Understand that God's concern for us is just as great after His calling as it is before. He is still working out His purpose, and He will supply our need. Remember, though, when God gives us what we desire and pray for, it does not necessarily mean that it is a blessing, as in this situation when the "blessing" turned out to be the instrument of death. It is a sobering lesson to keep in the forefront of our minds. Our prayer should always be, "Not my will but Yours be done. God, please remember I am just human."

Human nature is never satisfied. It is filled with self-concern and does not know what is best for it. What it lusts for may even lead to that person's spiritual death. It makes us think that the grass is greener on the other side and that there is more and better in something else, something new and exciting. And when lust is involved, anticipation is always greater than realization. There is a law of diminishing returns at work in this universe that perversion lessens rewards. The Israelites had a perverse craving for tasty food, and their reward ended up being death. Human nature is something we are always going to have to deal with in this life.

God was not dealing with these people in terms of salvation as He is with us. The lesson for us is not to let these cravings—even desires for good things—take our eyes off the goal and the reality of what God is doing for us.

Jeremiah 10:23-24 says that the way of man is not in him to direct his steps. We have to understand that, when we come to God, we are admitting to Him through repentance that our salvation is not internal—it is not something we can produce. In the same vein, the right way to live is not within us. It must come from outside, and that "outside" is God. Thus, we ask God to direct our steps. At baptism, we are asking God to make us into the image of Christ and to rid us of the perversions of human nature that have produced this world.

The experience of the Israelites shows us that, when the going gets unexpectedly rough and hardships occur—say, in the area of tithing, that we have not been blessed to the extent we feel we deserve, or in the area of Sabbath, that we lose our job and cannot find another—and then we have an intense craving for something and begin to look back at our former situation, we can also begin to lust for the very things that not long before we considered to be expendable and holding us in bondage.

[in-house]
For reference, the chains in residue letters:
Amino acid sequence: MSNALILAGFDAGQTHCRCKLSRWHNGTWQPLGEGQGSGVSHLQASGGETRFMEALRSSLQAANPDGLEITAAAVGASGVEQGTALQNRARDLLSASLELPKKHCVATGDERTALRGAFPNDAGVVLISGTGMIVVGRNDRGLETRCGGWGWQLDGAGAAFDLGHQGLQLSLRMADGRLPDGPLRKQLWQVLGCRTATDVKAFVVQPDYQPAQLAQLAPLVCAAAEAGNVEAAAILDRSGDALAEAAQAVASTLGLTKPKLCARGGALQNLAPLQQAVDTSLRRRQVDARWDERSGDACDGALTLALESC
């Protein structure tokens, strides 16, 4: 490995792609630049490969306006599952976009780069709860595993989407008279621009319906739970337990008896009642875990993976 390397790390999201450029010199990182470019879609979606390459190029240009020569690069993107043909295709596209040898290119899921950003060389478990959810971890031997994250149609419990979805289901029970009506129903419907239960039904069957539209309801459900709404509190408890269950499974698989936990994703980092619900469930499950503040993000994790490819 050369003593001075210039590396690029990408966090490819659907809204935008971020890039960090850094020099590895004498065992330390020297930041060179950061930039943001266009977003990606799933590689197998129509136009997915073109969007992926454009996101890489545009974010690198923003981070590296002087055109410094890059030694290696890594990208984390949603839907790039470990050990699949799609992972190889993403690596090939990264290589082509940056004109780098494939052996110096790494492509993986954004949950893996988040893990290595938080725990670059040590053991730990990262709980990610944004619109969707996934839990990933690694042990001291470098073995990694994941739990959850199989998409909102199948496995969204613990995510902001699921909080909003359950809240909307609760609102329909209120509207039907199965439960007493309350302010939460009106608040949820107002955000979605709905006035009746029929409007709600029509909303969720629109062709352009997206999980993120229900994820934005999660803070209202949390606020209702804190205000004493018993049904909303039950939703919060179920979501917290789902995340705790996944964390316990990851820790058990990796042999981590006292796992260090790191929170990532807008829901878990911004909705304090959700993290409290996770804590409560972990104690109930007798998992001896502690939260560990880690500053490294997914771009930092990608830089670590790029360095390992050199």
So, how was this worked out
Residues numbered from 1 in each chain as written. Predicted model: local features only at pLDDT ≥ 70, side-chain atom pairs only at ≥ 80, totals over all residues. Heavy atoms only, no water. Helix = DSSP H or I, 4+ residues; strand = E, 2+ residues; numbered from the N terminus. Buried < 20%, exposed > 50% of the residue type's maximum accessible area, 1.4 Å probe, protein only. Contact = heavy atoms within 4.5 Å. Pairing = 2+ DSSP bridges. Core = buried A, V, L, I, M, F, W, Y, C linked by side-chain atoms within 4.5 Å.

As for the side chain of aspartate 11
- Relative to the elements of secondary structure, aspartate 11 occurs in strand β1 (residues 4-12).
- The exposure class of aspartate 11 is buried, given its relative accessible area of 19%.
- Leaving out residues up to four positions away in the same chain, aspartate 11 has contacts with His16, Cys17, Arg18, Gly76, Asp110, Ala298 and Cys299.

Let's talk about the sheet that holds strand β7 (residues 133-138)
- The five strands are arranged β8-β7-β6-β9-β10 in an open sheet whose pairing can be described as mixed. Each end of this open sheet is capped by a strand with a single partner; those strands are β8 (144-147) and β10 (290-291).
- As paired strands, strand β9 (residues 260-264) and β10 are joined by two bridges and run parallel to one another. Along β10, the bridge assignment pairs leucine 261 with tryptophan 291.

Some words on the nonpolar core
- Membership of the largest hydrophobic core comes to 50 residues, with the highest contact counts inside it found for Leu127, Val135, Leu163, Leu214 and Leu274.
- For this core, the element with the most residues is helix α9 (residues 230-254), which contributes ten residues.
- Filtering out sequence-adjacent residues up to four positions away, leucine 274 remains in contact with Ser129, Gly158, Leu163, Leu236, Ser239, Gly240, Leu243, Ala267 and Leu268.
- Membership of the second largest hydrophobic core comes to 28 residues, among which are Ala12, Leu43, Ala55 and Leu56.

John W. Ritenbaugh
Passover and I Corinthians 10


 

Matthew 14:19   (Go to this verse :: Verse pop-up)

Jesus is very calm through all of this, for to Him, nothing is impossible. The disciples would have driven the hungry crowd away, but Christ is the One who had given manna to the Israelites in the wilderness. He had provided Israel sustenance in an orderly way, and here, Christ handles it likewise. He commands the people to sit down in manageable groups of fifties and hundreds, avoiding confusion and preventing injury to women and children should the whole multitude surge forward. Order is a characteristic of all of God's ways, as Paul asserts in I Corinthians 14:33.

Mark's description of the ordering of the crowd is very specific. Using the plural of the word that signifies "a garden plot or bed," he describes the people as reclining in sections, so that the separate groups resemble detached garden plots. As was the custom among the Jews, the 5,000 men sat apart and were the only ones counted. No one knows how many women and children were there, but the number must have been substantial.

Martin G. Collins
The Miracles of Jesus Christ: Feeding the Five Thousand (Part One)


 

John 1:14-17   (Go to this verse :: Verse pop-up)

Notice in verse 14 that Jesus is described as "full of grace"—suggesting lovingkindness and benevolent gifts—"and truth." Then, verse 16 says that from that fullness of grace we receive grace. In other words, it is from our relationship with Him that we receive many beneficent gifts toward salvation.

Other Bibles translate the phrase "grace for grace" as "grace on grace" or "grace upon grace." In a paraphrase, it may be rendered as "blessing after blessing." The phrase pictures grace as if it were objects being stacked one on top of another or endlessly linked if side by side.